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  1. #1
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    id vs. class in a div tag

    I'm just getting started with CSS. From what I've seen, it makes more sense to use a class in a div tag instead of an id. Is this correct?


    <div class="container">

    <div id="container">
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  2. #2
    It's all Geek to me silver trophybronze trophy
    ralph.m's Avatar
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    Generally speaking, a class is probably better, as it is reusable, and is not so hard to override. These days I tend to save IDs for JS hooks and on-page links.

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    When you say reusable, you mean multiple times on a page, right? Can you give an example of a time you would want to over-ride an id ?

    Thanks.
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  4. #4
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    Actually, it's like a wrench and a hammer. You should use the right tool for the right job.

    IDs:
    * Should be unique to each HTML document. That is if you are going to apply the same rules over and over... and ID is not what you want.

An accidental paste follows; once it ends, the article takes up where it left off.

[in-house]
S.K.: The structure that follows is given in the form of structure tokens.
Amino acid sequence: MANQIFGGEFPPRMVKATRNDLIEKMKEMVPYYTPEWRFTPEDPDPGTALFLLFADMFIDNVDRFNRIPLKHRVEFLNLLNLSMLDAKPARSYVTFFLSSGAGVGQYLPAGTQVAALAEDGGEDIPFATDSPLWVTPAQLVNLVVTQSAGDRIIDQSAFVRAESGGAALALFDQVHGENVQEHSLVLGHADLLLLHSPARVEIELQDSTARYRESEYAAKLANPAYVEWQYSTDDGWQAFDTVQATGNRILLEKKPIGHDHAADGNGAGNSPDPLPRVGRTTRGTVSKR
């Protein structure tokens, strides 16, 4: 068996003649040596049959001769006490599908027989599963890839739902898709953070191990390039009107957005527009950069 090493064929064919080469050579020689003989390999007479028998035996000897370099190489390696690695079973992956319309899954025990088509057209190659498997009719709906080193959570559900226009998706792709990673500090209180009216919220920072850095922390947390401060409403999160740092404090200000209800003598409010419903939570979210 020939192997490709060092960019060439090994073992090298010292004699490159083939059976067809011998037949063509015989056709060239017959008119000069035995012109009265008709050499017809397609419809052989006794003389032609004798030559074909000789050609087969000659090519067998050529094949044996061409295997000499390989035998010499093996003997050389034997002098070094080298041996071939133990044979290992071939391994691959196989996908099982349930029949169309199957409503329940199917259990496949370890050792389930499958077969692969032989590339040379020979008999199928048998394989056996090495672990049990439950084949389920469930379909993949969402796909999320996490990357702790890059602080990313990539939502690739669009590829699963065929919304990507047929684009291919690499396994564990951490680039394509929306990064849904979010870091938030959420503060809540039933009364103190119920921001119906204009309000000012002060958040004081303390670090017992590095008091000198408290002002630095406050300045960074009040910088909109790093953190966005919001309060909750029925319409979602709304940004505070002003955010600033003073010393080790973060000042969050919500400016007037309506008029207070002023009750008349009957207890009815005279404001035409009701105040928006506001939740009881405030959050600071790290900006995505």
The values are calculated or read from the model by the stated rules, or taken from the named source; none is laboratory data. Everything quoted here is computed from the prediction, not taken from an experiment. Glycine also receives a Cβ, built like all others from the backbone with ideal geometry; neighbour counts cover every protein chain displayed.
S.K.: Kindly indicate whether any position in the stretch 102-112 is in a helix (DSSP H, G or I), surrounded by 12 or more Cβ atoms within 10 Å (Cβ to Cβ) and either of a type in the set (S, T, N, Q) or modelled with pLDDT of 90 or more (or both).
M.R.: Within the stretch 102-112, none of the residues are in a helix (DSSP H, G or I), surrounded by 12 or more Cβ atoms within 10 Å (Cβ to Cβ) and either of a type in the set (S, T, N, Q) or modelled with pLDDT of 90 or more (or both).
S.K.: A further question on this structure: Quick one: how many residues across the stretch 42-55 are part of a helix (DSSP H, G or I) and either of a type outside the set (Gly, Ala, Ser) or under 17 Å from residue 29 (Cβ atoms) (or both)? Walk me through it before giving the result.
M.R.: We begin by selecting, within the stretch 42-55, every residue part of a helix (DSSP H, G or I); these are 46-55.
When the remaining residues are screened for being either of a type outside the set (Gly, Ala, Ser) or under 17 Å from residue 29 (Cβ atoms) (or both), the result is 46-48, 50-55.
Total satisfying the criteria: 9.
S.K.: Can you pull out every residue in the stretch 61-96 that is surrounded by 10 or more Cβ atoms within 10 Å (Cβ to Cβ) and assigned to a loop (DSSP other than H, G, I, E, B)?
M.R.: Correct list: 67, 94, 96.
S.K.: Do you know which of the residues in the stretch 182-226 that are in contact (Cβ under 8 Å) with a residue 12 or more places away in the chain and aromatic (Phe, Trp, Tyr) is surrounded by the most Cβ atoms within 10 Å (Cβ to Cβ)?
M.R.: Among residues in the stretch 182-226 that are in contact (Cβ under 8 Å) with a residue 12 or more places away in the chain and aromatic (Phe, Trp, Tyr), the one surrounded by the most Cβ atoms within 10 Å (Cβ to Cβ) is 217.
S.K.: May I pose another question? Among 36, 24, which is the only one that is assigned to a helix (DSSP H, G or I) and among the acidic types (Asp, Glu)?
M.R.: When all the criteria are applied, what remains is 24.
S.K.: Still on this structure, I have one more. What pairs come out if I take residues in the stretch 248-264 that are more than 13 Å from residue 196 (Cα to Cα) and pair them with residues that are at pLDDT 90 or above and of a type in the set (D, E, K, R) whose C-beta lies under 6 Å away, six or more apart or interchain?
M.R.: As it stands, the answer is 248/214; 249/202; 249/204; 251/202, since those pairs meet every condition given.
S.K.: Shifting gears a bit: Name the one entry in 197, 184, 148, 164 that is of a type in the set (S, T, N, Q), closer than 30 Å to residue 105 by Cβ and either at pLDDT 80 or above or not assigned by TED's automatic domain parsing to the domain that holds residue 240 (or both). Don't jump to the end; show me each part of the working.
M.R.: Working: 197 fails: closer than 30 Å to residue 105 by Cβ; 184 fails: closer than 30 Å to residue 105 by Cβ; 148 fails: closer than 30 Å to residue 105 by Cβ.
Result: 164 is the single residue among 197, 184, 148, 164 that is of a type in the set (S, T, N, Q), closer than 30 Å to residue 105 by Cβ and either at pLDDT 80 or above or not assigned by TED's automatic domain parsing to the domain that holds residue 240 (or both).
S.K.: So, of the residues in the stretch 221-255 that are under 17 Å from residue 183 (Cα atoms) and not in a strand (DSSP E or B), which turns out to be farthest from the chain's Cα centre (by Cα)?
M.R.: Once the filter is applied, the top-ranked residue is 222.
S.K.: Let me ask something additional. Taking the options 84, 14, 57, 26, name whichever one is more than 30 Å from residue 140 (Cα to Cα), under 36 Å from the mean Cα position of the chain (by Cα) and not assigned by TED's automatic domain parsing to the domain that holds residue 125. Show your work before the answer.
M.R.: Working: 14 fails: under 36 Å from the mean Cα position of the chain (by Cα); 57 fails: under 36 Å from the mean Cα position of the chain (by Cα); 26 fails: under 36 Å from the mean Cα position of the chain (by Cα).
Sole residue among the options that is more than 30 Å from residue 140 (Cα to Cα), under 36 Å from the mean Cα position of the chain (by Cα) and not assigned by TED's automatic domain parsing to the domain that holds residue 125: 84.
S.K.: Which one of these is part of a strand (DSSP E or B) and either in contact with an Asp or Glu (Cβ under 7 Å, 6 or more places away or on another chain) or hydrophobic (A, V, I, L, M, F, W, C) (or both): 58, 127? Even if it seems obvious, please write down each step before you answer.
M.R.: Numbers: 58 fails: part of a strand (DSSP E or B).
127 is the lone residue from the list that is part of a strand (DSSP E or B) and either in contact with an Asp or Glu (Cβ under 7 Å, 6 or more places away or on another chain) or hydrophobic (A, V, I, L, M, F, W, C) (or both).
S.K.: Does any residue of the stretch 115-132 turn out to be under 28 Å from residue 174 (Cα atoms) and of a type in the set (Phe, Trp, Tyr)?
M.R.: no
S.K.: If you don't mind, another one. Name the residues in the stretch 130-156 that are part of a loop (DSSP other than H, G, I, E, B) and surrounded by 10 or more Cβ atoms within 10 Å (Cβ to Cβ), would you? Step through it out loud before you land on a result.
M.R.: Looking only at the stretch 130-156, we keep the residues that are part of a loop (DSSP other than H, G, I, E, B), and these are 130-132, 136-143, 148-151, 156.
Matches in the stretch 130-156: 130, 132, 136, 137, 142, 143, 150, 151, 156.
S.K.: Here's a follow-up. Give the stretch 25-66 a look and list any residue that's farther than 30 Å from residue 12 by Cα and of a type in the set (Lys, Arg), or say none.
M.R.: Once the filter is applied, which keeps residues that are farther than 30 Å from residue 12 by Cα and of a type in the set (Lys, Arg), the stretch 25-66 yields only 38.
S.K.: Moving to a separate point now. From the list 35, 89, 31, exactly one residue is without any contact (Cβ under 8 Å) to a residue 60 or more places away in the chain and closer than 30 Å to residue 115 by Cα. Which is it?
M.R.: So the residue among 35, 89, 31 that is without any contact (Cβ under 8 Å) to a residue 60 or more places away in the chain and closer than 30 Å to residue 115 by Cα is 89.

* Really help when targeting javascript. Although there are many ways to target elements js, getElementByID() the simplest, so using an ID to not only add CSS but in anticipation of js is handy technique
    * Form elements. Adding an ID to a form element links it to the LABEL tag when the "for" attribute is used.
    * Semantics. As I said before, IDs SHOULD be unique some times it's away of saying this is an ONLY element. Meocre example.. but the only thing that comes to min quickly: <div id="page"> for the outer most wrapper.
    * SPECIFITY. ID give more specificity to a rule. This is hard to understand if you dont understand specificity.. but here is an example.


    #anID .rule3 { color: red}
    .rule1 .rule2 .rule3{color:green}

    <div id="anID">
    <div class="rule1>
    <p class="rule2"><span class="rule3">text</span></p>
    </div></div>

    The text will be red. Even tho " .rule1 .rule2 .rule3{color:green}" has more classes list and seem more innermost in the markup.. throwing just ONE ID makes the other rule more specific than using several , or more classes.


    That being said classes are used for the opposite reasons:
    * they can be used one or MANY times in an HTML document, and thus semantically imply an object that could occur repeatedly in the code
    * They are less specific
    * Until 'recently', they did not help to target elements for js
    * They have less specificity than IDs

    Hope that helps to clear up things


    BTW
    To override an ID you either need to write it over in the code:

    #MyId tag{a rule..}
    #MyId tag{the same rule, different value}

    this just seems kinda dumb many times.
    OR you need TWO IDs ( see how using IDs willy nilly can become a mess?


    #MyId tag{a rule..}
    #anotherID #MyID tag{the same rule, different value}


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